Learning about Video Games Through Regression


Video games are being developed and released all the time. Whether they are made by big or small companies, there are video games out there for all kinds of people.

However, when developing a video game or when it is about to be released, it would be helpful to know what will affect the sales of the game so as to try to maximize sales as well.

Big Questions

Some of the big questions I’ll be trying to answer through this regression analysis are:

Are there noticeable trends/patterns with regards to video game sales?

What factors have the biggest impact on video game sales?

What factors have the biggest impact on video game ratings?


A lot of times, if a person is unfamiliar with a game, they will look at its rating to get an idea of how good the game is before buying it. For this reason I think that the ratings(metascores) will be an influence on video game sales.

Video games released right before holiday season might produce more sales due to people looking to buy gifts for friends and family.

The Process

The initial datasets were retrieved from Kaggle and I used two datasets:

I got one dataset to get information on Video Game Sales. This dataset had sales information on over 55 thousand video games.

The second dataset I used was about Metacritic Scores and had over 15 thousand video games listed. I used the metacritic scores as the ratings for the video games.

The next step was to clean up and format the video game names and consoles. I did this in order to have an easier time merging the two datasets since the names of the games and consoles were not always formatted the same and I would not get accurate data if they did not match up correctly. I never before realized how many different ways you could write the name of a video game.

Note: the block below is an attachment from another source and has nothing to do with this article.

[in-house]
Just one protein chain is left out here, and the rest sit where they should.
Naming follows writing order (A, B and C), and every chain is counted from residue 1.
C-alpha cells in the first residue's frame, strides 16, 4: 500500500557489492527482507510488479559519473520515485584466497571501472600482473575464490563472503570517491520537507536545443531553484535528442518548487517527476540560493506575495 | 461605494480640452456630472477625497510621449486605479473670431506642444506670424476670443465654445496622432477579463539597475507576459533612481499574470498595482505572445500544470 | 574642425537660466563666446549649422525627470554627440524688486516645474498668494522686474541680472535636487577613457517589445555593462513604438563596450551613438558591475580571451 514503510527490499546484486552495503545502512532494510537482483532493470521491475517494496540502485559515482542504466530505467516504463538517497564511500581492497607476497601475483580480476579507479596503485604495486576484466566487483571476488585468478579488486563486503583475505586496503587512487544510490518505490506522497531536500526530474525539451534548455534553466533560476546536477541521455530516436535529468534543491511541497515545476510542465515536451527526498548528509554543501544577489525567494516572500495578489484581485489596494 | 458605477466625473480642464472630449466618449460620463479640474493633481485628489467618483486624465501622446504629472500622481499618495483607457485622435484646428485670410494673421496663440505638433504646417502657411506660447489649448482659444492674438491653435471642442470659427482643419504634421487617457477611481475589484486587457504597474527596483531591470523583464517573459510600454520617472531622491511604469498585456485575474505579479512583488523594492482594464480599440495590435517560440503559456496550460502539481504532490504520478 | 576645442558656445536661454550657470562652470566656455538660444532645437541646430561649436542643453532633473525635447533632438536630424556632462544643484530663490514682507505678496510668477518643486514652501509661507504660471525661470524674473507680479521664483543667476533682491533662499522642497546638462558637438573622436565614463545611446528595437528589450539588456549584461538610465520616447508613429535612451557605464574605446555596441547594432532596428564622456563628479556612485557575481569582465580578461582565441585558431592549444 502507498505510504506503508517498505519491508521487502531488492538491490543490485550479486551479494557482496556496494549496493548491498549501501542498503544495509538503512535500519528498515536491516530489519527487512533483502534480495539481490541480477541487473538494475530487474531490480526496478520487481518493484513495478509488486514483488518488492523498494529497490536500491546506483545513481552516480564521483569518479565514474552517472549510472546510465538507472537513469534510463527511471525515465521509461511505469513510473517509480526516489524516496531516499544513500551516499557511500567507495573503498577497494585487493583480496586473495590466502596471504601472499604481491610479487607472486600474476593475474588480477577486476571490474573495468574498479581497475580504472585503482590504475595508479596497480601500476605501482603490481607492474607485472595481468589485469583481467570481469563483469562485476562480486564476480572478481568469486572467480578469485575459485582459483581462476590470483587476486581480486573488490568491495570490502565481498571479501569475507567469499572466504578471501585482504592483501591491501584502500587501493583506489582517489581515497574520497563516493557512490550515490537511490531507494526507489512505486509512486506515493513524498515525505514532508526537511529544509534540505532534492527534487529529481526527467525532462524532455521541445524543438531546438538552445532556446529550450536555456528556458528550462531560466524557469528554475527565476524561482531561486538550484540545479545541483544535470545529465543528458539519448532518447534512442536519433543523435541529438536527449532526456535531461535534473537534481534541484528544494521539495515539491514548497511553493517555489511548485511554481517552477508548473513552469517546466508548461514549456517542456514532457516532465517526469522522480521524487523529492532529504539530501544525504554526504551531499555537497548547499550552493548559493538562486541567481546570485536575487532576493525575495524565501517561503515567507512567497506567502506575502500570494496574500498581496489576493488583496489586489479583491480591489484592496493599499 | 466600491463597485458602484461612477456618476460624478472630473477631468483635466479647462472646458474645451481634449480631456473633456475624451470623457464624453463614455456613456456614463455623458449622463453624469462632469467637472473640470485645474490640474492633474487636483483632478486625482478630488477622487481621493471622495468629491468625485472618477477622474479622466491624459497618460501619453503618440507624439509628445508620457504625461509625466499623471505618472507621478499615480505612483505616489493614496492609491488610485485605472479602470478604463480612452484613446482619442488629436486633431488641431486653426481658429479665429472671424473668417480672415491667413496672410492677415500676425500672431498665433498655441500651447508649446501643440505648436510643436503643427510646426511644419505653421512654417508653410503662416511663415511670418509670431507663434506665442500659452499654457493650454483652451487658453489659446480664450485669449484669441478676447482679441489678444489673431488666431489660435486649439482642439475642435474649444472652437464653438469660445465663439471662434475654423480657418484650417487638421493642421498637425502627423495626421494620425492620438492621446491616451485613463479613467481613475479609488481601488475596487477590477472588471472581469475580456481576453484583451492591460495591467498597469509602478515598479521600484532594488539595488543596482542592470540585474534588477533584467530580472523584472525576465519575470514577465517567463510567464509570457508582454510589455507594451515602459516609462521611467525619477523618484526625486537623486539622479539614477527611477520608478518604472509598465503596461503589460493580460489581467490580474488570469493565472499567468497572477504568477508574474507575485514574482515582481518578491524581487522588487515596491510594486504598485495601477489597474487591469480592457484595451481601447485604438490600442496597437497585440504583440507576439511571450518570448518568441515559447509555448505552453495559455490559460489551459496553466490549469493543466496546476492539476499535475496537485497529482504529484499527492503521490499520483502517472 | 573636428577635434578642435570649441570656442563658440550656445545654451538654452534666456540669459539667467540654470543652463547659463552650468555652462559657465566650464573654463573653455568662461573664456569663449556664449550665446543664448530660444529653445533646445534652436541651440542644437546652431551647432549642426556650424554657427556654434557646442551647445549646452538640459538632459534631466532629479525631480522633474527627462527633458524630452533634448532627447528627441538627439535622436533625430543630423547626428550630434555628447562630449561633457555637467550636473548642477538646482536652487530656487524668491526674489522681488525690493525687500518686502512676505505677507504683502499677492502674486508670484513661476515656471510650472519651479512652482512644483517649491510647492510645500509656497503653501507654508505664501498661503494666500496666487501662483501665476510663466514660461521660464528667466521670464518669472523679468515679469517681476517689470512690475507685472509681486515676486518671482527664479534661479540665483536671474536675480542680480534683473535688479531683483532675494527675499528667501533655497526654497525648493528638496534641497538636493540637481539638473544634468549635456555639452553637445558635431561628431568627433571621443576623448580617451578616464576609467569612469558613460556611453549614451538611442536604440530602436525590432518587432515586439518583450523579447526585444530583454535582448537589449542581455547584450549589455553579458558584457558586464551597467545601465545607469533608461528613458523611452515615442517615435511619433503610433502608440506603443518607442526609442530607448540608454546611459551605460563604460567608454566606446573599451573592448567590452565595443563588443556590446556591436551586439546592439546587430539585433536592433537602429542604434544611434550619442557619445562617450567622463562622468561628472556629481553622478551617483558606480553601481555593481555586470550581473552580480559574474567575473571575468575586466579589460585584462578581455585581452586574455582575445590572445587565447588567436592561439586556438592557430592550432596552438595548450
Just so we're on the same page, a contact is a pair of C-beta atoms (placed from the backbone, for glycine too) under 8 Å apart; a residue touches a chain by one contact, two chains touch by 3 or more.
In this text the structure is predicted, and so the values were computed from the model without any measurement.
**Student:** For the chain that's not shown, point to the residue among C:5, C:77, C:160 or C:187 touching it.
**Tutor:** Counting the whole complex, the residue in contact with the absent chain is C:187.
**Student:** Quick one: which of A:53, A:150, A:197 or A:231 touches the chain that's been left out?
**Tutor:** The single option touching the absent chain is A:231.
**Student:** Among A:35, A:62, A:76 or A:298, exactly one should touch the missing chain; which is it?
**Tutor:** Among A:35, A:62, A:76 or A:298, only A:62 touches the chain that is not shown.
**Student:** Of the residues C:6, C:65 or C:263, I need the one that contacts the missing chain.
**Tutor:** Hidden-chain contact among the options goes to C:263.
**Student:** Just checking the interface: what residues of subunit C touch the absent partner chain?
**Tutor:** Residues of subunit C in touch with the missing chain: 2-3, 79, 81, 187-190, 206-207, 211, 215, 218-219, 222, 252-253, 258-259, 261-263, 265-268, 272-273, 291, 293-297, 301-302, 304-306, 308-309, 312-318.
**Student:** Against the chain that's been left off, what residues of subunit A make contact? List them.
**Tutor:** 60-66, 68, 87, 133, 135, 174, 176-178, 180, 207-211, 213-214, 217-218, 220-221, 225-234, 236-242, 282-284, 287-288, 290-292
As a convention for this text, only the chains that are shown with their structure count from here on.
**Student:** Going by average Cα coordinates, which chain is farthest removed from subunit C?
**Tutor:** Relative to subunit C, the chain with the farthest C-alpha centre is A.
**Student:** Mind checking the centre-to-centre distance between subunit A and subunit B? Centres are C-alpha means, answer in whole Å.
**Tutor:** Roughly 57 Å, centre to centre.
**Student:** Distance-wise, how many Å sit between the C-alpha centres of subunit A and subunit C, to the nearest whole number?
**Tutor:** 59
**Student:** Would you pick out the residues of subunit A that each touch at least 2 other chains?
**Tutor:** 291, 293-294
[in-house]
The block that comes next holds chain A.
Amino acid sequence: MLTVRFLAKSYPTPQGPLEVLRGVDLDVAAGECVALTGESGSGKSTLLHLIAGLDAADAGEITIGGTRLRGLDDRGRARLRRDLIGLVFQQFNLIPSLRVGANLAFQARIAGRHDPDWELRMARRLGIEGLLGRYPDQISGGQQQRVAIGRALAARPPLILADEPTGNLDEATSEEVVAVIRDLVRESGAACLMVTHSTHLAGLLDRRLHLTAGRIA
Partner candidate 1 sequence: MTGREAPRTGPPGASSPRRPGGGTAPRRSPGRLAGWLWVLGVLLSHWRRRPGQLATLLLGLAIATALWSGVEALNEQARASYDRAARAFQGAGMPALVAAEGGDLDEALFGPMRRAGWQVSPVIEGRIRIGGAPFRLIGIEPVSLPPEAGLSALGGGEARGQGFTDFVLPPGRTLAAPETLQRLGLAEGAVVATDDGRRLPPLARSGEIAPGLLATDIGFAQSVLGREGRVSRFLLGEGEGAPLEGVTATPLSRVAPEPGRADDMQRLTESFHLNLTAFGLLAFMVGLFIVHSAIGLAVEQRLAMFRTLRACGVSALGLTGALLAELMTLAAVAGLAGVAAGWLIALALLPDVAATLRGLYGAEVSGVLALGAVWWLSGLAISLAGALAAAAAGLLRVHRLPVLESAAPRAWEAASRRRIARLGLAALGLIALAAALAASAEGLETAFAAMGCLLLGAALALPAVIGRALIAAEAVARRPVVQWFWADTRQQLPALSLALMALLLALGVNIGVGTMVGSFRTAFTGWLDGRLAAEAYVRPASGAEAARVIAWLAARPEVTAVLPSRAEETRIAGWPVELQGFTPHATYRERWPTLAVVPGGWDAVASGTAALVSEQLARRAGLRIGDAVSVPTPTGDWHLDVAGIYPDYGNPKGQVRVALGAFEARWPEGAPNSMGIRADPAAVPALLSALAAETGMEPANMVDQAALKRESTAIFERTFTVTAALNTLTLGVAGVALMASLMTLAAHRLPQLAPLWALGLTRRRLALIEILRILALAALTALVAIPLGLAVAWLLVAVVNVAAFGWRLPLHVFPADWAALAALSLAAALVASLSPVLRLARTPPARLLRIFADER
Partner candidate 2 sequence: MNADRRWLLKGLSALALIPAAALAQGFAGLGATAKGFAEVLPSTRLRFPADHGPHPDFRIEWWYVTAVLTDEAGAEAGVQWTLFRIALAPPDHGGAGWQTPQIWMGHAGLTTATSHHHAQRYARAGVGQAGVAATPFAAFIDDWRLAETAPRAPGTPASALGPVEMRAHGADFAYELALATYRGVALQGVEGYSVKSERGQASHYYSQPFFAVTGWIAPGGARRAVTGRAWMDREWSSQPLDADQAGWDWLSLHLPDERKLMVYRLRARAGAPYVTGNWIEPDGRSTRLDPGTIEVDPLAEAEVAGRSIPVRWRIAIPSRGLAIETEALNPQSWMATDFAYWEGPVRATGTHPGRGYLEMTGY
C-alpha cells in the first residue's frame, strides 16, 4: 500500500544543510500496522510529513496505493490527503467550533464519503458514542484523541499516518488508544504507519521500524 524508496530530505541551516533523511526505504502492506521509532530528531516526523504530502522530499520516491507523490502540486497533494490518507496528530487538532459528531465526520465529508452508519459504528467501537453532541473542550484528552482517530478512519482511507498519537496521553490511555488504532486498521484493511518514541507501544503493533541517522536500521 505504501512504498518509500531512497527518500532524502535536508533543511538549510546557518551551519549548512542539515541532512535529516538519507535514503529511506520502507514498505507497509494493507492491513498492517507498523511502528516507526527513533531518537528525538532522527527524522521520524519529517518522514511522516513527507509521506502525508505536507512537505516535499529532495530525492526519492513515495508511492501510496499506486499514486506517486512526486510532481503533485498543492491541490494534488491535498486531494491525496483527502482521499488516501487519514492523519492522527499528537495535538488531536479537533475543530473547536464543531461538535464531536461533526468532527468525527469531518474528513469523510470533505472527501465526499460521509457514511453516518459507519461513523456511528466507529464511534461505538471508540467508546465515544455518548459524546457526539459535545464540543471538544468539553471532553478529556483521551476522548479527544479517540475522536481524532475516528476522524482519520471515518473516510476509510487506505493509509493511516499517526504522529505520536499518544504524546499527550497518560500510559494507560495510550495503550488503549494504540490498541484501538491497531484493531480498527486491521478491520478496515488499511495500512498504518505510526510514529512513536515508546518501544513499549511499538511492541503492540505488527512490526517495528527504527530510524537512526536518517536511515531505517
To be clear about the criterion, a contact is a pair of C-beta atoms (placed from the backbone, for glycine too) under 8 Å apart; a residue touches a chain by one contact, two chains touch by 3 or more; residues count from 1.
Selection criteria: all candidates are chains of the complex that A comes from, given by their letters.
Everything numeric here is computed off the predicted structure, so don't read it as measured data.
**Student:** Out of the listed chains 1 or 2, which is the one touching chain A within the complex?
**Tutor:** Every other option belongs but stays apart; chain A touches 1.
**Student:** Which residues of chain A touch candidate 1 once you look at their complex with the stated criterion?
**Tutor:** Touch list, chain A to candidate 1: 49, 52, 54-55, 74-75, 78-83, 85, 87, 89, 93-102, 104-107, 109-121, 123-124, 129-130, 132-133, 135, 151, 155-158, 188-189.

After I cleaned and formatted the data as well as I could, I merged both datasets and was left with a little over 8 thousand video games. This was a definite drop from the initial datasets, but it was better than having a larger amount of data that was not accurate.

After that came the meat of the project that would give insights into the data. I did some EDA and looked at overall trends and relationships between the features.

Then I setup and tested linear regression models with and without interactions between the features.

Initial EDA

First, taking a look at how the average sales of video games relates to the month the video game was released. There is a definite trend between Sales and certain months, particularly the fall months with November games having the highest average sales. This supports my hypothesis from earlier because we have Black Friday and Cyber Monday in November and it is also right before Christmas and New Years.

Next, if we take a look at the average sales of video games by console, we see that certain consoles have more sales on average than others, dominated by Playstation home consoles. One reason for this could be that there is an imbalance in the data with more better selling games from certain consoles and less from others.

From the graph above, we can clearly see that Mature rated games sell more on average, which could be because they are more geared toward an older audience who have more money to spend.


I ran regression models trying to determine important factors for Sales as well as for Metascore ratings. I ran them both with the initial features and also after adding polynomial interactions, but in both cases the models did better with the interactions.

Sales RMSE scores for regression models with polynomial interactions